My favorite King quote is something he wrote about a year before his death:
The problems of racial injustice and economic injustice cannot be solved without a radical redistribution of political and economic power.
That’s powerful stuff coming from a figure whose politics have been defanged and whitewashed into a cartoon of “peace” and “equality.”
I also try to remember that when King was assassinated, he was in Memphis, Tennessee, to support striking Black sanitation workers.
But one of my favorite King ideas is a metaphor he borrowed from a socialist Methodist pastor.
“I’m sure that many of you have had the experience of dealing with thermometers and thermostats,” King said in a sermon he gave many times early in his life.
The thermometer merely records the temperature. If it is 70 or 80 degrees, it registers that and that is all. On the other hand, the thermostat changes the temperature. If it is too cool in the house, you simply push the thermostat up a little and it makes it warmer. And so the Christian is called upon not to be like a thermometer conforming to the temperature of his society, but he must be like a thermostat serving to transform the temperature of his society.
Let’s replace “the Christian” with “humans.”
[Humans] are called upon not to be like a thermometer conforming to the temperature of society, but [they] must be like a thermostat serving to transform the temperature of society.
King was arguing that we must change society rather than only be changed by it. Which is what Karl Marx meant when he wrote, “The philosophers have only interpreted the world in various ways. The point is to change it.”
Okay, fair enough. We shouldn’t care only about ourselves. It’s our responsibility, as Bernie Sanders put it in his 2020 presidential run, “to fight for someone you don’t know.”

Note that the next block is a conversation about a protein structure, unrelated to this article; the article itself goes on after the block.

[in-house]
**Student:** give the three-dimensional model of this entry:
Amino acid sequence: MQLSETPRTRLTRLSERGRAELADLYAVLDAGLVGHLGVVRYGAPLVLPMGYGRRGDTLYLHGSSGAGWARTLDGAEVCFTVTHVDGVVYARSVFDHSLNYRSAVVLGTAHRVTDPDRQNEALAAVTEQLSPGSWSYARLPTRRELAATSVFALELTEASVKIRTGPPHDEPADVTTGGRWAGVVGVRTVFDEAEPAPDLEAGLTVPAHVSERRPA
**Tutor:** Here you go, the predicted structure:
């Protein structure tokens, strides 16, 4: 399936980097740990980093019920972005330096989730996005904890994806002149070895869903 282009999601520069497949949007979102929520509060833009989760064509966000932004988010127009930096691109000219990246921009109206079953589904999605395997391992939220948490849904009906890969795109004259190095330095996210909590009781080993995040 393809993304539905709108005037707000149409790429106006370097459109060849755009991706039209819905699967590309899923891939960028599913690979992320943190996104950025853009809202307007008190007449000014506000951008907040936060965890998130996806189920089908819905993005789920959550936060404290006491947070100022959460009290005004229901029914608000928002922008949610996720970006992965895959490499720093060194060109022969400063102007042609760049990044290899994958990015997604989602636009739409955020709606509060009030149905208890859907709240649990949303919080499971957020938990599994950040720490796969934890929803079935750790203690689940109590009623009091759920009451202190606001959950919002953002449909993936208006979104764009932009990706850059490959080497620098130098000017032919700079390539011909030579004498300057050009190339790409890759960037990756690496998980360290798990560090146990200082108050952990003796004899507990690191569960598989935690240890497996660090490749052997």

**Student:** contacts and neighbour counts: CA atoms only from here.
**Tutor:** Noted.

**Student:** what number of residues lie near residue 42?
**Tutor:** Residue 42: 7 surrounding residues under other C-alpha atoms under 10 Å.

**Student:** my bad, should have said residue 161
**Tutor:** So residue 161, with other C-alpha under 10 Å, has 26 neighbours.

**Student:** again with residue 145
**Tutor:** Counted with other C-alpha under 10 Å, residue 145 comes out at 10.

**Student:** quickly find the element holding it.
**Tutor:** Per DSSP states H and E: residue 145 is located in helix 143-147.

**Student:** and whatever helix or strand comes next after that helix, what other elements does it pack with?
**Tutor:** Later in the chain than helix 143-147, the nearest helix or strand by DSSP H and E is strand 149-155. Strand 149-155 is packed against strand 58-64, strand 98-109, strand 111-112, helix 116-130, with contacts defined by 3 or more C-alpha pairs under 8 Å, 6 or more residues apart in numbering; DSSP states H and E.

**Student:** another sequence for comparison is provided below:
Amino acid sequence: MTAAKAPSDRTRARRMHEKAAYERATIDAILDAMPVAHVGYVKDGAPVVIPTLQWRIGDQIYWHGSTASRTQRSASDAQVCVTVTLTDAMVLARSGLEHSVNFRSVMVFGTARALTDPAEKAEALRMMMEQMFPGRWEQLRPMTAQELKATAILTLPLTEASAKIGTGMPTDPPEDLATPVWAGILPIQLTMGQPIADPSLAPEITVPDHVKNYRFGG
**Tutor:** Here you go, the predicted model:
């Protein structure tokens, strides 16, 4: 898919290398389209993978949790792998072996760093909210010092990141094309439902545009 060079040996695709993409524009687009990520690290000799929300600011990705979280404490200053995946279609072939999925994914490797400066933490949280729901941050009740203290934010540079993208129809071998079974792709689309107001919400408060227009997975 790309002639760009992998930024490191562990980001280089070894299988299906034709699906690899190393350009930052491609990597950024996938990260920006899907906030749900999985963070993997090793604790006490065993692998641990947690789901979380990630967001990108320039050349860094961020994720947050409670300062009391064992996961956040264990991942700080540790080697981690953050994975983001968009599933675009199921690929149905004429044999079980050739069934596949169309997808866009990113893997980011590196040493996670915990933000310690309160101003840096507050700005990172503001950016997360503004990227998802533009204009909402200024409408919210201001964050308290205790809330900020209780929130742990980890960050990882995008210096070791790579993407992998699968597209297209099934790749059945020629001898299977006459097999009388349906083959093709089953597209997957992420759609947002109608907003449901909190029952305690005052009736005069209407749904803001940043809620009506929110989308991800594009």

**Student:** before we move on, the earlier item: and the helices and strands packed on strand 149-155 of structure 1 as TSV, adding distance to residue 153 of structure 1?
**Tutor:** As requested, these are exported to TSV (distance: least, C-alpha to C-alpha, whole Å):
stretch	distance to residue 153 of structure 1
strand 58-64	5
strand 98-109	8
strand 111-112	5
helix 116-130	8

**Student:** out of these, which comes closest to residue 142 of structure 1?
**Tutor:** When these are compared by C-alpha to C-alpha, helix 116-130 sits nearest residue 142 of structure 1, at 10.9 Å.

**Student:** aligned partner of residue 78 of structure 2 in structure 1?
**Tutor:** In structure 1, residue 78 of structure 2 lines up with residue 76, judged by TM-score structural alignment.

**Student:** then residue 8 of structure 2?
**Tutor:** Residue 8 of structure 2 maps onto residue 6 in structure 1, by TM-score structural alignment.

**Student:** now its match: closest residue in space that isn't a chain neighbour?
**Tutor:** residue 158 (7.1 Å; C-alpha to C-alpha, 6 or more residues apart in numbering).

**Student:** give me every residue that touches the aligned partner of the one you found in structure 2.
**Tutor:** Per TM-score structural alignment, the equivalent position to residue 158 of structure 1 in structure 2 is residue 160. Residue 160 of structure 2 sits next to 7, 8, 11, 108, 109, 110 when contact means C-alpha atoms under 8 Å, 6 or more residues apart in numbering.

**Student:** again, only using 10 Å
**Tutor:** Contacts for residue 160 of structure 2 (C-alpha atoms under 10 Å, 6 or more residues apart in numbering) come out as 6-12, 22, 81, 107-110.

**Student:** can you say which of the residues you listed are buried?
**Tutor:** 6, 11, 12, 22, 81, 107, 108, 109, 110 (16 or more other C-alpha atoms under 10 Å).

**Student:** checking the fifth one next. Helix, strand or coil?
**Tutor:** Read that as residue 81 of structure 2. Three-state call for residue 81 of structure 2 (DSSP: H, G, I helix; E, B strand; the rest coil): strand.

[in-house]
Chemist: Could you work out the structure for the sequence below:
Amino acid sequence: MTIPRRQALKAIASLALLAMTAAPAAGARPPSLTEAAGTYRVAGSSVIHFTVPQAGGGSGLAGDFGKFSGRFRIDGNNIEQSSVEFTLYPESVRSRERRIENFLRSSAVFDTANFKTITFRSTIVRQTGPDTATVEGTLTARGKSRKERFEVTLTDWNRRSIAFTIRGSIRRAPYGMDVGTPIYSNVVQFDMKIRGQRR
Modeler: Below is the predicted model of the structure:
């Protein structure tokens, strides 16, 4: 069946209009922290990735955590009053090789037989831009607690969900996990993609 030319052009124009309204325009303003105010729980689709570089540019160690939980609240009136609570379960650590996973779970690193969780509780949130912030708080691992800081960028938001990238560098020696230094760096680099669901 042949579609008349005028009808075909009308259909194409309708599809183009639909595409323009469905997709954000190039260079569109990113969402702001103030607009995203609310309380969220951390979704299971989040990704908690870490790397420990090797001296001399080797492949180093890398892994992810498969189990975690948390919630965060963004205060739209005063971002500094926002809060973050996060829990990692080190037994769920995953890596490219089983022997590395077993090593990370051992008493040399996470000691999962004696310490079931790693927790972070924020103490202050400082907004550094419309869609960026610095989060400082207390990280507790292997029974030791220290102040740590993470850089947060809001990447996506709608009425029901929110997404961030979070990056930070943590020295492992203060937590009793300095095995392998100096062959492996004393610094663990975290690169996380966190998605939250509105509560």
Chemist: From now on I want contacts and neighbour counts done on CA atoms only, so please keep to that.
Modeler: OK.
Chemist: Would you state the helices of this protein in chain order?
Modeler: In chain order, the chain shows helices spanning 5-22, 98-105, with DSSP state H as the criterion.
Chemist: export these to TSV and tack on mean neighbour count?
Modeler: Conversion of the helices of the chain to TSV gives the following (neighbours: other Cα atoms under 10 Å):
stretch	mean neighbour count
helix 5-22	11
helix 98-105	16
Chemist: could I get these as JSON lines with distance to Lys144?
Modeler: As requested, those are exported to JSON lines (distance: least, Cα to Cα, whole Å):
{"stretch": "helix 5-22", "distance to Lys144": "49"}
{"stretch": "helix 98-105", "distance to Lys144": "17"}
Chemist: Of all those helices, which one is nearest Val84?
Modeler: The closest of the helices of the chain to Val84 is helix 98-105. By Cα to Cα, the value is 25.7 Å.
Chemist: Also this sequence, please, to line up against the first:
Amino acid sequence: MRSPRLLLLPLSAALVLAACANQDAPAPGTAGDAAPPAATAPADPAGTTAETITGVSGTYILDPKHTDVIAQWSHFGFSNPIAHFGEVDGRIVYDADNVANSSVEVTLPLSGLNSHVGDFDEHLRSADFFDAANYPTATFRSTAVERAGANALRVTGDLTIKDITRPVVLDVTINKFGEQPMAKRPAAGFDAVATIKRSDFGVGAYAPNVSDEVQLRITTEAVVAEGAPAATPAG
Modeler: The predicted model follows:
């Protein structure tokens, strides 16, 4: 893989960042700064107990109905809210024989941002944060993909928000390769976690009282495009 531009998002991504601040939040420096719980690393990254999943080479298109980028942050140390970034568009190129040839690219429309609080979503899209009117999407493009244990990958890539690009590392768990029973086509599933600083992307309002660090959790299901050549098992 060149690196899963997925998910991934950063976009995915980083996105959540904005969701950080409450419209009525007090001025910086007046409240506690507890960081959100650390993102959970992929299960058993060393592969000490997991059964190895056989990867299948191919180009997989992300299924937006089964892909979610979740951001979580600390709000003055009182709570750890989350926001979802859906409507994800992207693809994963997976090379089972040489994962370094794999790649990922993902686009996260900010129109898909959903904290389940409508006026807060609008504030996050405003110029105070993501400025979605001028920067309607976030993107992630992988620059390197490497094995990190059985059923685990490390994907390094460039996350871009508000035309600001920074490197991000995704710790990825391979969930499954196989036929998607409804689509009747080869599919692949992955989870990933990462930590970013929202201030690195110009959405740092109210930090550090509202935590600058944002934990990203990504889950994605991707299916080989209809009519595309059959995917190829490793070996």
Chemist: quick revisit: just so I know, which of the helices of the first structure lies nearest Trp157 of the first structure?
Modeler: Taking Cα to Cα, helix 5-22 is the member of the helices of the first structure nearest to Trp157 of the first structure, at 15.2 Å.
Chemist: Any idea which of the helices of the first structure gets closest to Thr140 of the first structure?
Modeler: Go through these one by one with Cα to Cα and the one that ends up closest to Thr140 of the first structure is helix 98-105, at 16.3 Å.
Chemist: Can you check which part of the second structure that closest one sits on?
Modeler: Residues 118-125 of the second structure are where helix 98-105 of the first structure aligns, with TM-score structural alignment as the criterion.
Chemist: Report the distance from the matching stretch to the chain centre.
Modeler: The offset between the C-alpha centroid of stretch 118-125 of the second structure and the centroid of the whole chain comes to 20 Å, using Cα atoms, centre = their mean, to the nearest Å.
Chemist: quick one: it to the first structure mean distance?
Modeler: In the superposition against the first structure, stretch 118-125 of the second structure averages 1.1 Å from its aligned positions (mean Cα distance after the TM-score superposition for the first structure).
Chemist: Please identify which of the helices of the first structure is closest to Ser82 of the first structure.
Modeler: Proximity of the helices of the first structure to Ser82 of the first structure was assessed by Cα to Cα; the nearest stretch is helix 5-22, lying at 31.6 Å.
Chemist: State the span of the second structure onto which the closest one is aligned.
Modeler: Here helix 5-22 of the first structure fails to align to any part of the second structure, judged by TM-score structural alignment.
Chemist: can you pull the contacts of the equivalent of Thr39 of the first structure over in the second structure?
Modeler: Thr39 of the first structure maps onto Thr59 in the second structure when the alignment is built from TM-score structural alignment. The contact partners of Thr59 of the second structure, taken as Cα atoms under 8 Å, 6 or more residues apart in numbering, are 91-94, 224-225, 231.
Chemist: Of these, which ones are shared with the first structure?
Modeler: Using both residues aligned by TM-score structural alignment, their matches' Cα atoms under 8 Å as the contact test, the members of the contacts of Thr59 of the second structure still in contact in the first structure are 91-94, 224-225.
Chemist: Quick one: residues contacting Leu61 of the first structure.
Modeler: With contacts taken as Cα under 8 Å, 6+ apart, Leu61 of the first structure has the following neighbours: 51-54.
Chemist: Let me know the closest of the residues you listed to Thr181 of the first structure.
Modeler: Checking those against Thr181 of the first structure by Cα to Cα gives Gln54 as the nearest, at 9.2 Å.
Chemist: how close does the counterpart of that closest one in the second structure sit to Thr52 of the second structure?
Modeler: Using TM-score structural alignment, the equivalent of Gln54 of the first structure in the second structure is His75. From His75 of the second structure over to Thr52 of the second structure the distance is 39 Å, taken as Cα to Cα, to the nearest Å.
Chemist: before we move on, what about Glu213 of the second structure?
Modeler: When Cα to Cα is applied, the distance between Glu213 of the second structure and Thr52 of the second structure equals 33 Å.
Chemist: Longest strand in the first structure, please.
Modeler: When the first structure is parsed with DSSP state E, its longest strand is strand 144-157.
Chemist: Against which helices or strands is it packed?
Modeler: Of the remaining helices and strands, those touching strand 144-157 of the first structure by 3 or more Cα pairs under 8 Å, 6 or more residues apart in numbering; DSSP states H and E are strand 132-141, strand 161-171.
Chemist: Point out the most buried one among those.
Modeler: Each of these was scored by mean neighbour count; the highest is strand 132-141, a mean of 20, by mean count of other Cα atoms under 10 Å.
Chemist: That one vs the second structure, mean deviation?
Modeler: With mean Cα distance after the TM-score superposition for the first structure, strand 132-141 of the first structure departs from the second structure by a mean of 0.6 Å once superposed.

But it gets really interesting when you apply the metaphor to the mind.
There’s a contradiction. On the one hand, being mindful is like being a thermostat. When you realize you’re lost in thought, you bring your attention back to the present moment. When you’re worrying, planning, ruminating, you feel your breath, notice bodily sensations, listen.
Mindfulness is staying steady in the riptide of thoughts. Resting in the center of your experience, at a comfortable temperature of 72 degrees.
But King’s whole point was that we must act. It is our responsibility to change the things that must be changed.
If mindfulness is about staying still with whatever comes up, wouldn’t that make trying to change the world unmindful?
No, because we’re a thermostat. Sometimes, a comfortable 72 degrees isn’t what’s called for. We need to turn up the heat. We need to protest, march, strike. Throw ourselves in the gears of the system.
What’s unmindful—or unwise—is trying to do it all by ourselves. We’re like a teenager complaining about the temperature but lacking the money to pay the heating bill.
That’s a recipe for suffering. As Buddhism’s second noble truth says, suffering comes from grasping on to things we like and pushing away things we don’t like. Wanting to change things that can’t be changed.
Like a furnace in a house, we need resources to turn up the temperature. We need help. We need each other.
That’s what King meant by “a radical redistribution of political and economic power.”
I’m pretty sure you don’t have the wealth of Jeff Bezos or Donald Trump. The 1 percent can change the temperature themselves (and they literally are heating up the planet with their outsized consumption).
But we’re the 99 percent, everyone else. If we’re organized—our power—we can turn up the heat when it’s called for. If we can get past our differences—that were created by the 1 percent, like the concept of race—we can change this society.
I’ll let King have the last word:
Injustice anywhere is a threat to justice everywhere. We are caught in an inescapable network of mutuality, tied in a single garment of destiny. Whatever affects one directly, affects all indirectly.
I’m a writer, meditation teacher, and host of the Meditation for the 99% podcast. My weekly email newsletter helps you bring mindfulness to work, relationships, and politics. Subscribe here.